Buttlers Hangings
Buttlers Hangings
Green tickY 3.9 hectares (9.6 acres) YES Bradenham
51°39′31″N 0°49′13″W / 51.6587°N 0.8203°W / 51.6587; -0.8203 (Buttler's Hangings)
SU817962
CAONB[42] Map Citation The site is steeply sloping grassland and scrub which has a wide variety of plant species. There are many rabbit burrows and a badger sett. Invertebrates include colonies of chalkland butterflies and four endangered Red Book spiders.[42]
Dancersend
Dancersend
Green tickY 81.3 hectares (201 acres) YES Wendover
51°46′34″N 0°41′49″W / 51.7760°N 0.6969°W / 51.7760; -0.6969 (Dancersend)
SP900094
BBOWT,[43] CAONB,[44] FC[44] Map Citation This reserve has woodland plantations, unimproved chalk grassland and scrub. The woods have few mature trees as most were felled during the 1940s, but a rich ground flora includes plants associated with ancient woodland, such as hairy brome and wood melick.[44]
Dancersend Waterworks
Dancersend Waterworks
Green tickY 4.0 hectares (9.9 acres) NO Hastoe
51°46′21″N 0°41′18″W / 51.7724°N 0.6883°W / 51.7724; -0.6883 (Dancersend Waterworks)
SP906090
CAONB,[45] LB[46] Map Citation The site is an area of artificial banks, basins and plateaux in a chalk valley bottom, which has an unusually wide variety of herbs, grasses and shrubs. There is a badger sett and a range of butterfly and bird species.[45]
Ellesborough and Kimble Warrens
Great Kimble Warren
Green tickY 68.9 hectares (170 acres) YES Ellesborough
51°44′41″N 0°47′52″W / 51.7447°N 0.7978°W / 51.7447; -0.7978 (Ellesborough and Kimble Warrens)
SP831058
CAONB,[47] SM[48] Map Citation This is one of the most important sites in the Chilterns for natural box woodlands, and it also has grasslands with rare plant species. There is a wide range of invertebrates and breeding birds.[47][49]
Fayland Chalk Bank
Fayland Chalk Bank
Green tickY 0.6 hectares (1.5 acres) NO Parmoor
51°35′30″N 0°51′55″W / 51.5917°N 0.8653°W / 51.5917; -0.8653 (Fayland Chalk Bank)
SU787887
CAONB[50] Map Citation The site is chalk grassland which has a diverse flora. Orchids include the common spotted and pyramidal, and the profusion of chalk flowers and its south facing location make the site important for bees, grasshoppers and butterflies.[50]
Fern House Gravel Pit
Fern House Gravel Pit
Green tickY 1.3 hectares (3.2 acres) NO Bourne End
51°35′18″N 0°43′36″W / 51.5884°N 0.7268°W / 51.5884; -0.7268 (Fern House Gravel Pit)
SU883885
GCR[51] Map Citation This site may help to elucidate the history of the River Thames between glacial Anglian stage, around 450,000 years ago, when the river was diverted south to its present course, and the warm Ipswichian around 120,000 years ago. Fossils include straight-tusked elephants and mammoths.[52][53]
Finemere Wood
Finemere Wood
Green tickY 45.7 hectares (113 acres) YES Quainton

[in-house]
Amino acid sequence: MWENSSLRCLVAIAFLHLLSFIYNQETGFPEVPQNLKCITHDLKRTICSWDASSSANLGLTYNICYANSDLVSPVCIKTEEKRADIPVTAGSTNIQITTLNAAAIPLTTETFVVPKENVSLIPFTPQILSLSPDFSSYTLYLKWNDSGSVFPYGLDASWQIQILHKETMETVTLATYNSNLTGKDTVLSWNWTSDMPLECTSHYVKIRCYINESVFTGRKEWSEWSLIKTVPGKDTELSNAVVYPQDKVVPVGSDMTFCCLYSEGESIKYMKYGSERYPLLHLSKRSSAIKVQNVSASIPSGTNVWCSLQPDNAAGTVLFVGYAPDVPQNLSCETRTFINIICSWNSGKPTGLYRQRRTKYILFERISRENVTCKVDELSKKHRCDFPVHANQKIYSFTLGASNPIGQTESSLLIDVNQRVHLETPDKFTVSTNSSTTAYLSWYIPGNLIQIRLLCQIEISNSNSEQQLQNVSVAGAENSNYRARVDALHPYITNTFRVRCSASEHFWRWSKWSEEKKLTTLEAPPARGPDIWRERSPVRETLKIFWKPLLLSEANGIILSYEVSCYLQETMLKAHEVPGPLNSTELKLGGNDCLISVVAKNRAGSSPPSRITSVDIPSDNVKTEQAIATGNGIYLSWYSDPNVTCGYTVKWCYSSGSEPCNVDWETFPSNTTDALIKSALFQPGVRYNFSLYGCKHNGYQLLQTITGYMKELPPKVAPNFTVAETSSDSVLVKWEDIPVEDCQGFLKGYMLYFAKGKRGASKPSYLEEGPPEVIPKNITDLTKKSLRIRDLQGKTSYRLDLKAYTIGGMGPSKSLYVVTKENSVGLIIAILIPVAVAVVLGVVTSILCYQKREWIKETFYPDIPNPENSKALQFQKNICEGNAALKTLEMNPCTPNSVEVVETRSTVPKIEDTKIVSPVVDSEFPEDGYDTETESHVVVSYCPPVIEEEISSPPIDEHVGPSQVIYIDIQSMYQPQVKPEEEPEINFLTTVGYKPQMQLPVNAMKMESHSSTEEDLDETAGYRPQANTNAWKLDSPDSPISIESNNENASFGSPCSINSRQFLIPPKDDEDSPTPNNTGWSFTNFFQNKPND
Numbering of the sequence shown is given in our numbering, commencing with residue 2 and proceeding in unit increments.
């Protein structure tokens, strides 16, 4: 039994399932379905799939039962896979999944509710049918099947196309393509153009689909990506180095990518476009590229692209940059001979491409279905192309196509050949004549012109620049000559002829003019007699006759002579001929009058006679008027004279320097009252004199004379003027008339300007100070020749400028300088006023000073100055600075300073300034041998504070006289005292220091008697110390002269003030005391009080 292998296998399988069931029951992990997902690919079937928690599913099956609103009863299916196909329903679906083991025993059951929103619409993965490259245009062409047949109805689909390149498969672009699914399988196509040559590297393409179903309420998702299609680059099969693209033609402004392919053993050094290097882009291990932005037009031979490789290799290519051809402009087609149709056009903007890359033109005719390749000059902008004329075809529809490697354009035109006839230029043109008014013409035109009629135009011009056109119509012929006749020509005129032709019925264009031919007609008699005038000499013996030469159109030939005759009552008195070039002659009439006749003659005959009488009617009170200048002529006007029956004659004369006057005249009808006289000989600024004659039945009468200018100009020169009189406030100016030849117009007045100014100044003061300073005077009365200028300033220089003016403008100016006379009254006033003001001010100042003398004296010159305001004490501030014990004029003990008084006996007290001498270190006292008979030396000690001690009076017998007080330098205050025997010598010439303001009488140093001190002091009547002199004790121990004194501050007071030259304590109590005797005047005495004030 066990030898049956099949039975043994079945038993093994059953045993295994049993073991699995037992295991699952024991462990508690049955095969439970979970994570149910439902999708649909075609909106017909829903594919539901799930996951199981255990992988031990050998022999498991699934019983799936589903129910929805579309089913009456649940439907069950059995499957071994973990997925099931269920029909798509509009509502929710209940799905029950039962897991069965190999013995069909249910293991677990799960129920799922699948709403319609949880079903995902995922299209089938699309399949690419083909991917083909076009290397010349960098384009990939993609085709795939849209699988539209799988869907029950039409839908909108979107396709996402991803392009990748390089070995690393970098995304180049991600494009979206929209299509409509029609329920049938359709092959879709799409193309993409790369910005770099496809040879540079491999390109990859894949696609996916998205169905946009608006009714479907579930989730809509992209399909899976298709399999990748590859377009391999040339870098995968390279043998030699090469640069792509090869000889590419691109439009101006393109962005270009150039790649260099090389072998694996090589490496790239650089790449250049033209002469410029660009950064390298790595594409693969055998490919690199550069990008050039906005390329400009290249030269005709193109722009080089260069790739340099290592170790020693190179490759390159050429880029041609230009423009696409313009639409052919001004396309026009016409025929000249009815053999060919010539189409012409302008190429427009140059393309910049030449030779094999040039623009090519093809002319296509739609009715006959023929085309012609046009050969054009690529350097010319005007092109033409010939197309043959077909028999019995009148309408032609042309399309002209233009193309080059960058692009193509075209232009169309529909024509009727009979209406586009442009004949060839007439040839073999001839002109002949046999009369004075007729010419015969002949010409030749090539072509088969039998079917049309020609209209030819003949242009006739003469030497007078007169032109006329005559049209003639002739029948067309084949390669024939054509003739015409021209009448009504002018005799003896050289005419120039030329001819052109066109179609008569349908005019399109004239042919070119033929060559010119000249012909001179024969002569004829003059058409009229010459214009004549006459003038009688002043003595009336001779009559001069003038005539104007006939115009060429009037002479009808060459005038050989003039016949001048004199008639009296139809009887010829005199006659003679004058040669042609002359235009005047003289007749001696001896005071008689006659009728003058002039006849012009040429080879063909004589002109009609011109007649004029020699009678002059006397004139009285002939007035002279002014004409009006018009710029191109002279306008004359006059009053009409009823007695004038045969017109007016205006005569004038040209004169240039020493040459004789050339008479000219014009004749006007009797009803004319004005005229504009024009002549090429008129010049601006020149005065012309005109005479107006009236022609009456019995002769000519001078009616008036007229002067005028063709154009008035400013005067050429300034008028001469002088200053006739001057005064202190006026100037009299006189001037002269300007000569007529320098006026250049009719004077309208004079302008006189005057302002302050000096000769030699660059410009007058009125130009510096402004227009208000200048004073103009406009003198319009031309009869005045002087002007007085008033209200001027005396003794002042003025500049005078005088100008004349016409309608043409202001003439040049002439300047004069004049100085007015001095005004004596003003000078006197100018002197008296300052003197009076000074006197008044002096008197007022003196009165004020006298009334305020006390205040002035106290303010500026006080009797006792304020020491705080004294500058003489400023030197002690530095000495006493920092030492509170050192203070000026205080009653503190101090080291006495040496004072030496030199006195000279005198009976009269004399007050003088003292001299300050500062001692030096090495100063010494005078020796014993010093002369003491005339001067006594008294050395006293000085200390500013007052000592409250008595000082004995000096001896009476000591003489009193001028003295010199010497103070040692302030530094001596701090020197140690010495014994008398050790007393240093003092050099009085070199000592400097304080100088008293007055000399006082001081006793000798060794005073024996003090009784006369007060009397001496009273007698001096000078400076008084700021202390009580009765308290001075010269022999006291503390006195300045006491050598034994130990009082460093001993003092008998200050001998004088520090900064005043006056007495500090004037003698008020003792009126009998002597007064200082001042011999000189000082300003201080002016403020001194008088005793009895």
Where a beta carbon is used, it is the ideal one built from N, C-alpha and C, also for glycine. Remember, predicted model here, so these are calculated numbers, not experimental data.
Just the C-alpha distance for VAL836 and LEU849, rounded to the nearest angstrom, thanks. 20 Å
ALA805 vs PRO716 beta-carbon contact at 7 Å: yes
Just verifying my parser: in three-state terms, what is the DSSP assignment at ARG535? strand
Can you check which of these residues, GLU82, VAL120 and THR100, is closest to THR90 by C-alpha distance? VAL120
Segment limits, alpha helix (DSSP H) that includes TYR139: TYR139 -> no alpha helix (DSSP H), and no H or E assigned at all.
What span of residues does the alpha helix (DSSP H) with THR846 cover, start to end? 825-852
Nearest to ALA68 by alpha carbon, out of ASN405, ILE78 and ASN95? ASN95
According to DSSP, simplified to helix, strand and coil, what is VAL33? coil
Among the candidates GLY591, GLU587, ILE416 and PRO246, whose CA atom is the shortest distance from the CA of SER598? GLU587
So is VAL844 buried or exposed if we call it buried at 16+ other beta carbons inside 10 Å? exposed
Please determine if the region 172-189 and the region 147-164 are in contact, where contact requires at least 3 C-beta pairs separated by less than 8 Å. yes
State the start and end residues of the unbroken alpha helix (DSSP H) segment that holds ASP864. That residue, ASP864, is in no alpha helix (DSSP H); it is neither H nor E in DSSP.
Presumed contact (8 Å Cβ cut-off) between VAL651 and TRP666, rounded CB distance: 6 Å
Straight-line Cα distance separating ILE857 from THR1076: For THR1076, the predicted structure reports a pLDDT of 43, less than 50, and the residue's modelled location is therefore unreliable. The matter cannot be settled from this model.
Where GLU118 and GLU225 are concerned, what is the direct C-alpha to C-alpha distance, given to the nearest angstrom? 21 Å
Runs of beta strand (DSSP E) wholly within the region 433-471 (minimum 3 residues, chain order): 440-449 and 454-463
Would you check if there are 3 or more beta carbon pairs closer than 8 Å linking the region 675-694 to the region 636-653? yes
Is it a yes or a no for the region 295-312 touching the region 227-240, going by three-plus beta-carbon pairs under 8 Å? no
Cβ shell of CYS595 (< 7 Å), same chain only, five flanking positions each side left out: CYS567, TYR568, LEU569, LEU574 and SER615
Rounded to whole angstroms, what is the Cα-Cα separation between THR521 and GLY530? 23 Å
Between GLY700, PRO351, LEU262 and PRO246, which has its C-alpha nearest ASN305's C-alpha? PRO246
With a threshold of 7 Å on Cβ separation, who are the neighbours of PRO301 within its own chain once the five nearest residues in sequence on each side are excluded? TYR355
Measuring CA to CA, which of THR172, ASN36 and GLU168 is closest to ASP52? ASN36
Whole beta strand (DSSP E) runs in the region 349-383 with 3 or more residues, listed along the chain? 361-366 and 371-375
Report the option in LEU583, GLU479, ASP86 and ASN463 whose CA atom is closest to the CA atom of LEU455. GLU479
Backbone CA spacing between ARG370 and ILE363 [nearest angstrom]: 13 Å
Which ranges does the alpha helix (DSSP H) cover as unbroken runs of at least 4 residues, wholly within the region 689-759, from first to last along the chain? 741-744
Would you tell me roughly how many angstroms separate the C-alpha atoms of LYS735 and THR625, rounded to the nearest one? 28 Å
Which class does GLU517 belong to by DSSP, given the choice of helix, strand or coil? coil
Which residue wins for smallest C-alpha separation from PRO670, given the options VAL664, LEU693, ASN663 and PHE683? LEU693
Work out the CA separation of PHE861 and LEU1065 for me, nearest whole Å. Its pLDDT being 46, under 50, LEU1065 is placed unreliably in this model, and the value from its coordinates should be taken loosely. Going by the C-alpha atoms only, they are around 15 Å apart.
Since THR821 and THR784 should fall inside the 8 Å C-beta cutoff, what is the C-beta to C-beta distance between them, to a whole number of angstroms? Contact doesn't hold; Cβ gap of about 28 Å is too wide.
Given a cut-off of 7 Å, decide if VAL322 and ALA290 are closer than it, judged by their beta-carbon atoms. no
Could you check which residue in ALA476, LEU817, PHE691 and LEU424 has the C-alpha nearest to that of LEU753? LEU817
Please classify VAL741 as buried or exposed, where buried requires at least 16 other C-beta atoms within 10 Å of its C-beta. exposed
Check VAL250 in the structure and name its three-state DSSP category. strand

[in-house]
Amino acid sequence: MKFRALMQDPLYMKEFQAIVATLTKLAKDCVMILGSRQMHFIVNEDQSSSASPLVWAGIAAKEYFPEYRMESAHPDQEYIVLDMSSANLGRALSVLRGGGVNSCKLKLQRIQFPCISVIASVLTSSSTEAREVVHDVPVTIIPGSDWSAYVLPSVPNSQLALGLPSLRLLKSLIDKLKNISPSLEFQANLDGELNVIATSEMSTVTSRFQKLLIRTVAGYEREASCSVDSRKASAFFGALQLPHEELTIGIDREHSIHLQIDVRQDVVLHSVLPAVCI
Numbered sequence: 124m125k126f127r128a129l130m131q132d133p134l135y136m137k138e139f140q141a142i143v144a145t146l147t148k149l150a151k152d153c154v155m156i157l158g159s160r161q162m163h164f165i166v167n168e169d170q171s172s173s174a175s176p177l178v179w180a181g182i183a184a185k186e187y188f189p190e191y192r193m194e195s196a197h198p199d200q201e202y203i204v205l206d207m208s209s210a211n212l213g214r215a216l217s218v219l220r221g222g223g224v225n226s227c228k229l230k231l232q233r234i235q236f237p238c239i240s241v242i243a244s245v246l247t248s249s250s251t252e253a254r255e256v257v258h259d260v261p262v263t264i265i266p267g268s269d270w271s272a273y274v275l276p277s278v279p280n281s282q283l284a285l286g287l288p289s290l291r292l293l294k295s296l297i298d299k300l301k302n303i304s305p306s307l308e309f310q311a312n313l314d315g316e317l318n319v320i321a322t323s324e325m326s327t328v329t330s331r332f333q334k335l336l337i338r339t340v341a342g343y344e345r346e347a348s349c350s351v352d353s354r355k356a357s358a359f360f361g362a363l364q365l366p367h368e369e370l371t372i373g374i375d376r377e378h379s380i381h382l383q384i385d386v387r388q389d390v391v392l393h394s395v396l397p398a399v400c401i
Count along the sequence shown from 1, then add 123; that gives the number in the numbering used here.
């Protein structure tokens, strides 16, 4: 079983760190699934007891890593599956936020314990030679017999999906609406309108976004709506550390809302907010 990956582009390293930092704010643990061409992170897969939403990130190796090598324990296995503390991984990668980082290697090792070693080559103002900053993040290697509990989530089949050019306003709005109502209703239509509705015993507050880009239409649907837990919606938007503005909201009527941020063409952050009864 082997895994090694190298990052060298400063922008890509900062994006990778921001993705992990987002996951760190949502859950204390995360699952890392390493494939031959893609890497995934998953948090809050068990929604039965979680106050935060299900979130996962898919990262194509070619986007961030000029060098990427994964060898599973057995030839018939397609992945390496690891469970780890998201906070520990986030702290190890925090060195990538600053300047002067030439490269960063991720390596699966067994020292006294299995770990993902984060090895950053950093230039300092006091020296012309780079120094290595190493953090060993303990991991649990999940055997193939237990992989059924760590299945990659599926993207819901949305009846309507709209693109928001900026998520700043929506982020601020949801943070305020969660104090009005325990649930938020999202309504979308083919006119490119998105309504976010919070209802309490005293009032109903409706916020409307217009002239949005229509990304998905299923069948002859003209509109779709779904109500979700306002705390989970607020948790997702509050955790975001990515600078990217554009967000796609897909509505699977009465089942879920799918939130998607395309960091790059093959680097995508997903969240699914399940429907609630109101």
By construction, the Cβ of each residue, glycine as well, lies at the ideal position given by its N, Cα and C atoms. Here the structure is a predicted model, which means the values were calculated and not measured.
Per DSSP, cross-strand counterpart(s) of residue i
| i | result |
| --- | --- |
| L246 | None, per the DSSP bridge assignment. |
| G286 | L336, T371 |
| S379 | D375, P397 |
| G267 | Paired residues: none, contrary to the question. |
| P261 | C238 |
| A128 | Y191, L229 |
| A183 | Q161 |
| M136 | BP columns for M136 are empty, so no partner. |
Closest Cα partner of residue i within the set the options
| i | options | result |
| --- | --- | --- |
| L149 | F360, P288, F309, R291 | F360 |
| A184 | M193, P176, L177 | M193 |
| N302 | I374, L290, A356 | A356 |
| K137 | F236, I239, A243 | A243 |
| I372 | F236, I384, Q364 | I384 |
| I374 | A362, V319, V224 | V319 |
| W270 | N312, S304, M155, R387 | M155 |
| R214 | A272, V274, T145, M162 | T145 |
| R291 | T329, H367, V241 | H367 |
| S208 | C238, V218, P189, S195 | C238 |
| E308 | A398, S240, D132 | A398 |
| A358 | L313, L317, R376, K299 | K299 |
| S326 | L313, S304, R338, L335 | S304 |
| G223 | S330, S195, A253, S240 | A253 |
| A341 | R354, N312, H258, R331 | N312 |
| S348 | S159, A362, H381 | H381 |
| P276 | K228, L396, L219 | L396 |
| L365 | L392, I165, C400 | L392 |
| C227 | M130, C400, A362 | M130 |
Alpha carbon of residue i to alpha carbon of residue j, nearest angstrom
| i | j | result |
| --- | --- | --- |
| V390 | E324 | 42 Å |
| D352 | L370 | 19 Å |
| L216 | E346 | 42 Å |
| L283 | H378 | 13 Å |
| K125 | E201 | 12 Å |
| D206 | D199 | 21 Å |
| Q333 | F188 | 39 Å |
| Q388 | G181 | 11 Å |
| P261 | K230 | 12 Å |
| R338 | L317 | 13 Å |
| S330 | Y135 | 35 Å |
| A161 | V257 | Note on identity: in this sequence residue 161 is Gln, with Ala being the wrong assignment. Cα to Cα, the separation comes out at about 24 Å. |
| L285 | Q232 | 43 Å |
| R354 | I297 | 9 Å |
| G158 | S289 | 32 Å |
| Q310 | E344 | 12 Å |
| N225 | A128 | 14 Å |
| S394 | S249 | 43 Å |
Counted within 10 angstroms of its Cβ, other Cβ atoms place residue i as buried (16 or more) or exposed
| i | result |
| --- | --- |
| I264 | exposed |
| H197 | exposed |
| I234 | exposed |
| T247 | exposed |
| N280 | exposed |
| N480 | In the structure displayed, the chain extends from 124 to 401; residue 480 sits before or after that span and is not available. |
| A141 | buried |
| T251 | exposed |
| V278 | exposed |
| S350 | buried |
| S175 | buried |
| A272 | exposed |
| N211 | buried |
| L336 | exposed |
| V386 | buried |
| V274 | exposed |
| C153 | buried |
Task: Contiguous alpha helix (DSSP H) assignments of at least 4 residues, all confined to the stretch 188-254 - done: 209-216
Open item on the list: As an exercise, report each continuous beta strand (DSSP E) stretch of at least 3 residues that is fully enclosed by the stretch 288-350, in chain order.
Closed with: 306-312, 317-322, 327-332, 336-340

51°53′24″N 0°57′29″W / 51.8901°N 0.9581°W / 51.8901; -0.9581 (Finemere Wood)
SP718218
BBOWT[54] Map Citation Most of the site is ancient pedunculate oak forest, which has butterflies including the rare wood white and black hairstreak. There is also an area of rough grassland and scrub which is crossed by the River Ray.[55][54]
Foxcote Reservoir and Wood
Foxcote Reservoir
Green tickY 48.3 hectares (119 acres) NO Akeley
52°01′17″N 0°57′55″W / 52.0215°N 0.9653°W / 52.0215; -0.9653 (Foxcote Reservoir and Wood)
SP711364
BBOWT[56] Map Citation The reservoir is important for wintering wildfowl, especially shoveler ducks and Bewick's swans. The area around the reservoir has woodland, meadows and ponds. Plants include the greater butterfly orchid and the herb Paris quadrifolia.[57]
Frieth Meadows
Frieth Meadows
Green tickY 2.5 hectares (6.2 acres) NO Frieth
51°36′28″N 0°50′51″W / 51.6077°N 0.8476°W / 51.6077; -0.8476 (Frieth Meadows)
SU799905
Map Citation The site consists of traditionally managed and unimproved meadows on neutral to acid soils. Plants include quaking grass, green-winged orchid, lousewort and devil's bit scabious. Grassland and hedgerows have a wide range of invertebrates.[58]
Froghall Brickworks
Froghall Brickworks
Green tickY 0.7 hectares (1.7 acres) NO Chalfont St Giles
51°38′14″N 0°35′23″W / 51.6372°N 0.5896°W / 51.6372; -0.5896 (Froghall Brickworks)
SU977941
Map Citation The site is Pleistocene gravel above Reading beds. The gravel was deposited by the proto-River Thames, before it was diverted south by the Anglian Ice Age around 450,000 years ago.[59]
Frogmore Meadows
Frogmore Meadows
Green tickY 4.6 hectares (11 acres) YES Chenies
51°40′47″N 0°31′29″W / 51.6796°N 0.5247°W / 51.6796; -0.5247 (Frogmore Meadows)
TQ021989
CAONB[60] Map Citation The site has marshy areas and fens next to the river, damp grassland and drier, more acidic areas. The river bank has water voles, and damp areas are dominated by meadow foxtail and Yorkshire fog, with some marsh marigold and marsh bedstraw.[61][62]
Gomm Valley
Little Gomm's Wood
Green tickY 4.1 hectares (10 acres) YES Micklefield
51°37′17″N 0°42′21″W / 51.6215°N 0.7057°W / 51.6215; -0.7057 (Gomm Valley)
SU897922